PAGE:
InvegaTreatment for Schizophrenia
Johnson & Johnson Pharmaceutical Research & Development, L.L.C. Announces FDA Filings for Paliperidone Palmitate and Invega
TITUSVILLE, N.J., February 06, 2009 /PRNewswire/ -- Johnson & Johnson Pharmaceutical Research & Development, L.L.C. (J&JPRD) today announced that the company has submitted multiple applications to the U.S. Food and Drug Administration (FDA) which, if approved, would broaden treatment options for patients diagnosed with schizophrenia or schizoaffective disorder.
Earlier this week, the company submitted its response to the FDA complete response letter for paliperidone palmitate, received in August 2008. Paliperidone palmitate is an investigational once-monthly atypical antipsychotic injection which, if approved, will be indicated for the acute and maintenance treatment of schizophrenia.
The company also submitted two supplemental new drug applications (sNDAs) to the FDA requesting approval for the use of Invega tablets for the treatment of schizoaffective disorder as monotherapy and for use in combination with antidepressants and/or mood stabilizers. The sNDA submissions include data from two international, 6-week double-blind placebo-controlled studies that evaluated the efficacy and safety of Invega in patients with schizoaffective disorder. If approved by the FDA, Invega would be the only medication indicated to treat the condition.
Patients with schizoaffective disorder experience the psychotic symptoms of schizophrenia, such as hallucinations or delusions, as well as mania and/or depression. Because of the similarity in symptoms, schizoaffective disorder is sometimes misdiagnosed as schizophrenia or bipolar disorder. For patients who frequently use mental health services, schizophrenia and schizoaffective disorder may account for approximately 32% and 24% of cases respectively.(i)
Invega, an atypical antipsychotic medication, was first approved in the U.S. in December 2006 and is marketed by Janssen. It is approved for the acute and maintenance treatment of schizophrenia in the U.S. and for the treatment of schizophrenia in the E.U. If approved, Janssen will also market paliperidone palmitate.
Johnson & Johnson Pharmaceutical Research & Development, L.L.C. (J&JPRD) is a subsidiary of Johnson & Johnson, the world's most broadly-based producer of health care products. J&JPRD is headquartered in Raritan, N.J., and has facilities throughout Europe, the United States and Asia. J&JPRD is leveraging drug discovery and drug development in a variety of therapeutic areas, including CNS, Internal Medicine and Oncology, to address unmet medical needs worldwide.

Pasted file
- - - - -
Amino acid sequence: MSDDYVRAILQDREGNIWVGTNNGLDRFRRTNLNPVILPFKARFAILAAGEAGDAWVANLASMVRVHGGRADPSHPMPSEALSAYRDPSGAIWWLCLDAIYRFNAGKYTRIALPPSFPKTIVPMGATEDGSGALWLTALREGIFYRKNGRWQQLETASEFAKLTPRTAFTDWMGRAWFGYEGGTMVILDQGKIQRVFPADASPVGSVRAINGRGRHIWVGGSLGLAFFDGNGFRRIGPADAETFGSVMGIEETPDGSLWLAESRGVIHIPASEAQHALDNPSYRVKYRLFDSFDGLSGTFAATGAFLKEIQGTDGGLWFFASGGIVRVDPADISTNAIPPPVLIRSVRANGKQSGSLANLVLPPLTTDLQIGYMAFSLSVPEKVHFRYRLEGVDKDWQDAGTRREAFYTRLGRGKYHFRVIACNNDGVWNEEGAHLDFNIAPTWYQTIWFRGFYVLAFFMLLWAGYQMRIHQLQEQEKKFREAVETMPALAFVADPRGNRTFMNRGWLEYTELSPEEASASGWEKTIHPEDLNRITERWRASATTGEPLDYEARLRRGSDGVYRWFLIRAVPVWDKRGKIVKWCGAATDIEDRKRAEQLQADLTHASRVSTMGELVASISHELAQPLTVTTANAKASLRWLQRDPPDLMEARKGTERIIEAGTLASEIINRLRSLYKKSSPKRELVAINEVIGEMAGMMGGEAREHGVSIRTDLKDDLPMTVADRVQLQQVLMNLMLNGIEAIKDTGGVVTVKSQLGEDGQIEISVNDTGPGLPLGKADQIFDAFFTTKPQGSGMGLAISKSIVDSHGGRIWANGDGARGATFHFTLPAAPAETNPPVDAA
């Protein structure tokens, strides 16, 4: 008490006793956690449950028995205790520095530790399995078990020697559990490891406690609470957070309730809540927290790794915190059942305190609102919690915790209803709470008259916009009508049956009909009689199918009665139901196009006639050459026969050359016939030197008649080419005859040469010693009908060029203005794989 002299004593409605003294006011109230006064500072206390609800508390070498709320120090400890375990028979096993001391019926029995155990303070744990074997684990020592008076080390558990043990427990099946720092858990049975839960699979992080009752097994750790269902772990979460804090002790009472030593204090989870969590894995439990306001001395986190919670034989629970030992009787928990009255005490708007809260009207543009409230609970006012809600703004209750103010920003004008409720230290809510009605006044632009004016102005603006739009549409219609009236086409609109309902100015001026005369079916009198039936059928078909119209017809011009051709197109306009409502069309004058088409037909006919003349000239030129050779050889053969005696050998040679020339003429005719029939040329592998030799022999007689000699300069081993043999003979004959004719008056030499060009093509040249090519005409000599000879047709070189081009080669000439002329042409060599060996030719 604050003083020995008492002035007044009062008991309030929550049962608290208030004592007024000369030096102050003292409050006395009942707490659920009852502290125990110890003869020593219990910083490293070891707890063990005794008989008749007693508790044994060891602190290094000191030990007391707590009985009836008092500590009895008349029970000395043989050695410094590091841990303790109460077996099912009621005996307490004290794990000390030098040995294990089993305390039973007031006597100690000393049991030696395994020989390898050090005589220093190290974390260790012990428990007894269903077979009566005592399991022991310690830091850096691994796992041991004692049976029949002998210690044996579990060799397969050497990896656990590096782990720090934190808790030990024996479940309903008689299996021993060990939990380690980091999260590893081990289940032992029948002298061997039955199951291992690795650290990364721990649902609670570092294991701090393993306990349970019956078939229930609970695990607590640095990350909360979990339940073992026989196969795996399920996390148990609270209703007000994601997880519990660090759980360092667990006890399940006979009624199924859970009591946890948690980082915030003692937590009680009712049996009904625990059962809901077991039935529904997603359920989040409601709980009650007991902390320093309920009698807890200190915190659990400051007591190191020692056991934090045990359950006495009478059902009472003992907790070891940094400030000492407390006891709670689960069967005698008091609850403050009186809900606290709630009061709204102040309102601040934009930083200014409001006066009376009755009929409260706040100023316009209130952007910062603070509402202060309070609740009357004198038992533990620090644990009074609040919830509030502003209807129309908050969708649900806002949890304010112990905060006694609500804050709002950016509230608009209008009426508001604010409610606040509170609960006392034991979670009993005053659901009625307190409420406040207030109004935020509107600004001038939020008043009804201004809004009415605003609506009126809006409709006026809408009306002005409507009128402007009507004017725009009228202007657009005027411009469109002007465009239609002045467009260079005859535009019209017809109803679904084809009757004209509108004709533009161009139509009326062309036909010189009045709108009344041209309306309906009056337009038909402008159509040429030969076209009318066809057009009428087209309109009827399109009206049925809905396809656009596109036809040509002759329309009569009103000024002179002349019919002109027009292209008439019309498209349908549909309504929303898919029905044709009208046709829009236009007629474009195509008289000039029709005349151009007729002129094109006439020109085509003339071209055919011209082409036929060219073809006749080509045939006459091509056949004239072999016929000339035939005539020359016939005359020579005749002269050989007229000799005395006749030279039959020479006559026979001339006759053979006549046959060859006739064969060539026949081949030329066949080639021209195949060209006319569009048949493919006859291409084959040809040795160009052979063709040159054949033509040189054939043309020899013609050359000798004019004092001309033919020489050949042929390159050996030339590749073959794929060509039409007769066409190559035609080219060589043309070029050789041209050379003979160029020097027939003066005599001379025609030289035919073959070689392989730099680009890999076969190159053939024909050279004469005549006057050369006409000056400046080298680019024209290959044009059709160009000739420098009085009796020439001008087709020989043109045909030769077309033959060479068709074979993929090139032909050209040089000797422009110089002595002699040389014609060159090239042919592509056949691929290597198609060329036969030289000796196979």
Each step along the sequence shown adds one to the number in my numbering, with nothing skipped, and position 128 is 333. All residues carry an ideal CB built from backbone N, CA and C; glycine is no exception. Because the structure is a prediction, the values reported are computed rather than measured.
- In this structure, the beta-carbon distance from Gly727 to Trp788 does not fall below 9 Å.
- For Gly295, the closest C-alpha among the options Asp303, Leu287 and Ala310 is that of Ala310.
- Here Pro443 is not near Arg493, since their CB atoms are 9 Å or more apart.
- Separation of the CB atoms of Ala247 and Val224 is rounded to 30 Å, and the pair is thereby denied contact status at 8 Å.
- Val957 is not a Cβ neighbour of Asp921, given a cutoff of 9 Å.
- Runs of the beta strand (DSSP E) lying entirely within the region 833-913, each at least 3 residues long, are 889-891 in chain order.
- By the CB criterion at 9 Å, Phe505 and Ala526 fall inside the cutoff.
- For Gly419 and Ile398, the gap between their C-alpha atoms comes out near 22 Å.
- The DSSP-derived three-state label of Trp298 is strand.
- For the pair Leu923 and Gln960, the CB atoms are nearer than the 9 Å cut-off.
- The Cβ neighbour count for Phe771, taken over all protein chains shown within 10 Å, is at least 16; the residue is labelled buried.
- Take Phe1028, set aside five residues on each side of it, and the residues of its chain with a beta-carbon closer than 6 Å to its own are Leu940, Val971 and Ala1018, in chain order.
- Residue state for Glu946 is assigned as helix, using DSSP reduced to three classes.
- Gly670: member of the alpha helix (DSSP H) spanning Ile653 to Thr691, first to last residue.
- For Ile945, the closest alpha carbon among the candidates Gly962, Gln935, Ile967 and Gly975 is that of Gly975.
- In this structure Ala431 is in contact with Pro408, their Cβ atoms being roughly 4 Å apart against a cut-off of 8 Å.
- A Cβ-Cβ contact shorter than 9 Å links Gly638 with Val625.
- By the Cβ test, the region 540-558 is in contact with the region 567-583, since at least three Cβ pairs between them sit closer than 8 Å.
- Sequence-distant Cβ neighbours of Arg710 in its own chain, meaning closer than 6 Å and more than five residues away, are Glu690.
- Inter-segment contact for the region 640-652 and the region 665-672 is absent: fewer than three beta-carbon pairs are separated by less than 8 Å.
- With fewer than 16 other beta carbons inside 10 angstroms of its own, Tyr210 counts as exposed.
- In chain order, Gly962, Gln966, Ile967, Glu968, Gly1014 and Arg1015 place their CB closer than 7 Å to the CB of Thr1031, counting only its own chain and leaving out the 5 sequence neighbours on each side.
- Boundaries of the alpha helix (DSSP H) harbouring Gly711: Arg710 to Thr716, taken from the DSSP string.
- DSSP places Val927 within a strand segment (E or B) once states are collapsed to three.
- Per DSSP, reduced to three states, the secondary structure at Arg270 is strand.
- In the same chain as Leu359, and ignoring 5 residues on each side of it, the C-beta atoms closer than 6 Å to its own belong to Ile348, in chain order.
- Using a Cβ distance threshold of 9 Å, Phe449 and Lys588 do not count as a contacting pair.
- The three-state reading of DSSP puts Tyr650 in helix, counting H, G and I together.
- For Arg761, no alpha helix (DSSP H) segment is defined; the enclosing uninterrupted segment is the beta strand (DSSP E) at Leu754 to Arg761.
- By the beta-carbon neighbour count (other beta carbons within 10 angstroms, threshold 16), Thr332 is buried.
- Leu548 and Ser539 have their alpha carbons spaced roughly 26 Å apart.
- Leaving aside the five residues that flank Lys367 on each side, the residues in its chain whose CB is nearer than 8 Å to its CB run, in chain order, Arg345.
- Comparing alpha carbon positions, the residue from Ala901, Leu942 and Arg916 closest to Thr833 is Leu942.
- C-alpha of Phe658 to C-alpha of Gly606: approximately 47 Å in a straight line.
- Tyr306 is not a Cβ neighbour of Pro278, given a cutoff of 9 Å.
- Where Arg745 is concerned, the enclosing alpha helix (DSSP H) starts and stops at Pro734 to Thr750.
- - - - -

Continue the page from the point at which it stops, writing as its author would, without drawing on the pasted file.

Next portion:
Janssen, Division of Ortho-McNeil-Janssen Pharmaceuticals, Inc., is based in Titusville, N.J. and is the only large pharmaceutical company in the U.S. dedicated solely to mental health. It currently markets prescription medications for the treatment of schizophrenia, bipolar mania and the treatment of symptoms associated with autistic disorder. For more information about Janssen, visit http://www.janssen.com.
Neuroleptic Malignant Syndrome (NMS) is a rare and potentially fatal side effect reported with paliperidone and similar medicines. Call your doctor immediately if the person being treated develops symptoms such as high fever; stiff muscles; shaking; confusion; sweating; changes in pulse, heart rate, or blood pressure; or muscle pain and weakness. Treatment should be stopped if the person being treated has NMS.
One risk of paliperidone is that it may change your heart rhythm. This effect is potentially serious, and you should talk to your doctor about any current or past heart problems. Some medications interact with paliperidone. Please inform your healthcare professional of any medications or supplements that you are taking.
Tardive Dyskinesia (TD) is a serious, sometimes permanent side effect reported with paliperidone and similar medications. TD includes uncontrollable movements of the face, tongue, and other parts of the body. The risk of developing TD and the chance that it will become permanent is thought to increase with the length of therapy and the overall dose taken by the patient. This condition can develop after a brief period of therapy at low doses, although this is much less common. There is no known treatment for TD, but it may go away partially or completely if therapy is stopped.
High blood sugar and diabetes have been reported with paliperidone and similar medications. If the person being treated has diabetes or risk factors such as being overweight or a family history of diabetes, blood sugar testing should be performed at the beginning and throughout treatment with paliperidone. Complications of diabetes can be serious and even life threatening. If signs of high blood sugar or diabetes develop, such as being thirsty all the time, going to the bathroom a lot, or feeling weak or hungry, contact your doctor.